Reclaiming Common Sense

First-time Claims Remain Low and Continuing Claims Fell Lower this Week.

Thursday is the normal day that we receive the first-time unemployment claims data. There is also the Continuing Claims data and the insured unemployment rate (IUR) data. Last wee we had a near record low  non-seasonally adjusted (NSA) first-time unemployment (FTU) claims number for the final week of February. The seasonally adjusted (SA) FTU data was almost completely ignored. What happened this week?

We had our lowest First-time claims data since for the first week of March since 1969. The NSA FTU Claims  number edged slightly higher, as it tends to do during March. Normally the NSA FTU jumps 8% to 12% during the first week of March. This week we saw a bump of 8.36%.

The Seasonally Adjusted FTU claims value dropped from 226,000 to 223,000 claims. This is the lowest SA FTU claims data for the first week of March since March 1, 1969. We have 90 million more workers now than we had during the first week of March 1969.

The Continuing Claims (CC) data paints a similar picture. The NSA CC value edged lower from 2,126,178 to 2,109,742 claims. The continuing claims data tends to drop by 3% to 11% during the final week of February. The day of the month matters. This year we saw the data drop 3.8%. We are getting to levels of continuing claims that we normally do not see during this time of year. This was the lowest recorded for the fourth week of February since February 1973.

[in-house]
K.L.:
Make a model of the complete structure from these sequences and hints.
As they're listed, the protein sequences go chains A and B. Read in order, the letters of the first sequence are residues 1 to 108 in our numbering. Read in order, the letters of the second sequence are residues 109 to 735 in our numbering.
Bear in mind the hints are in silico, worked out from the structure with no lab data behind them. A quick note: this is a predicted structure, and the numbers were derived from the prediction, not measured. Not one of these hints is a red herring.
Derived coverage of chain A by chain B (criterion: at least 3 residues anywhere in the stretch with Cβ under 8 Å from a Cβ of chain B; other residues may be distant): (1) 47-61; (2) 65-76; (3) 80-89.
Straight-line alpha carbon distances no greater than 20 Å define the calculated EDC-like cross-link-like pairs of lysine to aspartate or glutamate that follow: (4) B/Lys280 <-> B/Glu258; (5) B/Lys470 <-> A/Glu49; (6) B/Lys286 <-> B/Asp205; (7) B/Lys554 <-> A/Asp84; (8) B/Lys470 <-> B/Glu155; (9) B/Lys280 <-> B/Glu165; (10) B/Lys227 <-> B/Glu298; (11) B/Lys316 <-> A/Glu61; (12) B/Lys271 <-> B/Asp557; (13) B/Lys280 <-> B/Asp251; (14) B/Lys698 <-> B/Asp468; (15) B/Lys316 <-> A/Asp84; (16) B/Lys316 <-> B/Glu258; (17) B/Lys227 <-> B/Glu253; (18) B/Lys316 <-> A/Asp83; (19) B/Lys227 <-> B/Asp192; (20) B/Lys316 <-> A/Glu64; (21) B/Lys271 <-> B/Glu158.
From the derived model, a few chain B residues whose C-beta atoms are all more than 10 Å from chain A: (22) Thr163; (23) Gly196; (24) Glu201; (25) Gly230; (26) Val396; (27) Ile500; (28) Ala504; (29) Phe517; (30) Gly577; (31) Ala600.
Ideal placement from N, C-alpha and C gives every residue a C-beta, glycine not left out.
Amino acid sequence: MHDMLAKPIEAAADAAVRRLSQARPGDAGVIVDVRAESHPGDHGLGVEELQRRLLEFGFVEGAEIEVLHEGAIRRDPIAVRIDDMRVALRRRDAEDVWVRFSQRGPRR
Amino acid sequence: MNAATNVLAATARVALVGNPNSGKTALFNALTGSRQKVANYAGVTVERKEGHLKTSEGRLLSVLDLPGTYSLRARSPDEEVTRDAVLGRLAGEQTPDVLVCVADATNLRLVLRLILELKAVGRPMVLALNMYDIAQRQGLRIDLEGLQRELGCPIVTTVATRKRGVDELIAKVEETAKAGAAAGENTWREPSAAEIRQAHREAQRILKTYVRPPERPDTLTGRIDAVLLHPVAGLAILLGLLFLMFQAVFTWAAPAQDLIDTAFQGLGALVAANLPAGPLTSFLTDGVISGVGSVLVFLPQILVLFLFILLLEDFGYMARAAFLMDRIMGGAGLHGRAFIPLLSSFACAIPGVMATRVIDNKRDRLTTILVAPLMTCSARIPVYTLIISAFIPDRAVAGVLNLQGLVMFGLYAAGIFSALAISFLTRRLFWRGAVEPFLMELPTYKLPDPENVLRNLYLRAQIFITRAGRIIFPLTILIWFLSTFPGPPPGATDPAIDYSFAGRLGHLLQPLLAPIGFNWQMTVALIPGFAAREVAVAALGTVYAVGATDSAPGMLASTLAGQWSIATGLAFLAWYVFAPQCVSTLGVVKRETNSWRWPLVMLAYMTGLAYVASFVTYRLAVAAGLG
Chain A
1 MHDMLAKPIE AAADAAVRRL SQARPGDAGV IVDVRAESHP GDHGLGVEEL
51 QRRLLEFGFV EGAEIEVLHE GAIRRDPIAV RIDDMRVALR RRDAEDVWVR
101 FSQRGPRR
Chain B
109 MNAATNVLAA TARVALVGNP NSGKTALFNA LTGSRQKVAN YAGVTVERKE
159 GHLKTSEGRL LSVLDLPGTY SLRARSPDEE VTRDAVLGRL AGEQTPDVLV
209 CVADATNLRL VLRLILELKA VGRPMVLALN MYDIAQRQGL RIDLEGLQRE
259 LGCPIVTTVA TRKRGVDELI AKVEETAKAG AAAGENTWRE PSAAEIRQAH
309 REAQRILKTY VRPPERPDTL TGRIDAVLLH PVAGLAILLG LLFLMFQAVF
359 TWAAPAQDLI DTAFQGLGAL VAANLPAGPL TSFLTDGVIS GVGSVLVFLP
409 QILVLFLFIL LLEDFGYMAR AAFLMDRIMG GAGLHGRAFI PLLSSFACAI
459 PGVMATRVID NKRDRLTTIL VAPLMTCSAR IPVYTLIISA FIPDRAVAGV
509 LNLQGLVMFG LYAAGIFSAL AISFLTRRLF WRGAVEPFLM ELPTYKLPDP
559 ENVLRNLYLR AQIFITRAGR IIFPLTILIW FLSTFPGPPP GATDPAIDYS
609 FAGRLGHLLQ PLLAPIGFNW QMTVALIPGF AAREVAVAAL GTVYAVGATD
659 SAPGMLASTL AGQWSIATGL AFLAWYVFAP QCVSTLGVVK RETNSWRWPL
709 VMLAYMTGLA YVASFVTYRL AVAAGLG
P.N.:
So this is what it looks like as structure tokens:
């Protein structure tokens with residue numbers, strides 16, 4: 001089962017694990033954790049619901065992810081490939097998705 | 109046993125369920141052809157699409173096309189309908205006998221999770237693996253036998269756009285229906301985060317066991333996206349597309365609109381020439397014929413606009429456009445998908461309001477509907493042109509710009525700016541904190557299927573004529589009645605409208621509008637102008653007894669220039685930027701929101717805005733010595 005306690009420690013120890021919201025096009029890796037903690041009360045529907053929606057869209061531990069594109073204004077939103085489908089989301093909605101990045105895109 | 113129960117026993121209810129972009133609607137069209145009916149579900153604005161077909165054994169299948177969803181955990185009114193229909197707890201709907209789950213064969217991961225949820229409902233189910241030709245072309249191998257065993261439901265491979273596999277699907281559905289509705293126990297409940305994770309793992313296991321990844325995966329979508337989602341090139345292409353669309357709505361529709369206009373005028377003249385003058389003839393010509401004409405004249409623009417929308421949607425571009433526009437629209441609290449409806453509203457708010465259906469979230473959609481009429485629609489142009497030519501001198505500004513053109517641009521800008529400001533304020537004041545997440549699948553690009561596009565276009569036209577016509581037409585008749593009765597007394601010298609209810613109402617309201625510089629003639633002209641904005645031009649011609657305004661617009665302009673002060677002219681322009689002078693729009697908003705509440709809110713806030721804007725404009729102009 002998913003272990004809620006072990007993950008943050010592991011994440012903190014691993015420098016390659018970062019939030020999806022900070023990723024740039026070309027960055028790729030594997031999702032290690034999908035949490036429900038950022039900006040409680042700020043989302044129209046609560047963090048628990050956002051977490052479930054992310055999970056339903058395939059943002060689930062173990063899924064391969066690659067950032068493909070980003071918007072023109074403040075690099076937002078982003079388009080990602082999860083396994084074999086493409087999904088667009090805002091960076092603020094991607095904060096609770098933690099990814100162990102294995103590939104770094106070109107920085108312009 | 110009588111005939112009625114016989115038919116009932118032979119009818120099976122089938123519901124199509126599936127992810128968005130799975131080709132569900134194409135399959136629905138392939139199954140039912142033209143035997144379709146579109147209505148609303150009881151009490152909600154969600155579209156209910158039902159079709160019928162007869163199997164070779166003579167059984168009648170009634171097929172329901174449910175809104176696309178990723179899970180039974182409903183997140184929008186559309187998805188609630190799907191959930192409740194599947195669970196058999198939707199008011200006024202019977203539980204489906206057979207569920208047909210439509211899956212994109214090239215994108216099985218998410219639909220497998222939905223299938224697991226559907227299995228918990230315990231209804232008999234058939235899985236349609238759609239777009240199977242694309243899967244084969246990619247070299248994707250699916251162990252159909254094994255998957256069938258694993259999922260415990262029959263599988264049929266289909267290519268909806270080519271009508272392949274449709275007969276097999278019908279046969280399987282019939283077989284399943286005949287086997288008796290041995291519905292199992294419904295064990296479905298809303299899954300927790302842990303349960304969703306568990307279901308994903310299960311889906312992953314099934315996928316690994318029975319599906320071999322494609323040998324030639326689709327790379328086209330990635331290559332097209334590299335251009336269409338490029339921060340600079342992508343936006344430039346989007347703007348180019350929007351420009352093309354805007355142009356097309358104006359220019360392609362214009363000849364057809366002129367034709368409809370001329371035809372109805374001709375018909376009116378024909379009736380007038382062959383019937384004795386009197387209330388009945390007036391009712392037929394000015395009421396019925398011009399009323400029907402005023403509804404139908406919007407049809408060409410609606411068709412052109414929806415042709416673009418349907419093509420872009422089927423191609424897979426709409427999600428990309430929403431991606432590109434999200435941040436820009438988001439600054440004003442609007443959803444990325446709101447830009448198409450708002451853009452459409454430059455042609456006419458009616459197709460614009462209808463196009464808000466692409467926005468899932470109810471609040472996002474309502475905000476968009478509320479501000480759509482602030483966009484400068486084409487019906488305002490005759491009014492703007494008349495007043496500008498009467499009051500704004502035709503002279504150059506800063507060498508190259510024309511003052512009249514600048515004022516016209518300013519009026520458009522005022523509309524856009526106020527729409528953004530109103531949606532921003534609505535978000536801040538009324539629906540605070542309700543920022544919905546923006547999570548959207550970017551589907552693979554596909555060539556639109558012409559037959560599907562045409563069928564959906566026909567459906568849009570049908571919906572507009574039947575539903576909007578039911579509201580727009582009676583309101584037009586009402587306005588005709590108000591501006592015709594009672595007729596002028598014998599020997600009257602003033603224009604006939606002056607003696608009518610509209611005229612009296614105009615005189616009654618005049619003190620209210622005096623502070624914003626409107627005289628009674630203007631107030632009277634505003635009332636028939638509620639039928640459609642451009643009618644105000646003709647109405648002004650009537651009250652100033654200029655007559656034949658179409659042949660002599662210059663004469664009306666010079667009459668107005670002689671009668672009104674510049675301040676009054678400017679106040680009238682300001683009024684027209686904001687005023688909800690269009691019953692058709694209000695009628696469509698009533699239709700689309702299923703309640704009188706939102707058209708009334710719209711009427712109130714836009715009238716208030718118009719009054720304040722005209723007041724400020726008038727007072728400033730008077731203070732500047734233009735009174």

The SA CC value dropped from 1.805 million claims to 1.755 million claims.  The SA CC value could have been reported under 1.7 million and even under 1.6 million claims if the seasonal factors from the 1960s were used to convert the NSA data to the SA data.

The Insured Unemployment Rate (IUR) dropped to 1.47%. This IUR is the percentage of the "covered insured" workers who are receiving continuing claims. This is not to be confused with the official U-3 Unemployment rate. The unemployment rate is those people out of work looking for work. The IUR measure the workers who were employed who are looking for work. Big Difference. If you examine the data then you will find that the rate during the fourth week of February 2015 was 2.16, then during 2016 it was 1.91%, and 1.76% during 2017, and 1.58% during 2018. Will we drop below the record set last year of 0.95%?

Apples, Pears, Pomegranates. The number of unemployed workers comes from the Current Population Survey (CPS) data set. This is often compared with the JOLTS job opening data. That is a different data set that measures something entirely different. The JOLTS data is comparable to the Current Employment Statistics Data set, a third data set measuring comparable information with a different sample size and a different margin of error. The CES data is the worker data. This data can be reported as the non-farm payroll data or the private sector worker data. The Private Sector data is comparable to the ADP data, the NFP data is not comparable because it includes government workers. It sounds good to compare job openings with unemployed workers. Why not just compare the Job Openings data with Continuing Claims data?

Sooner or later the media will start covering this data again. Until then, remember, it's the economy.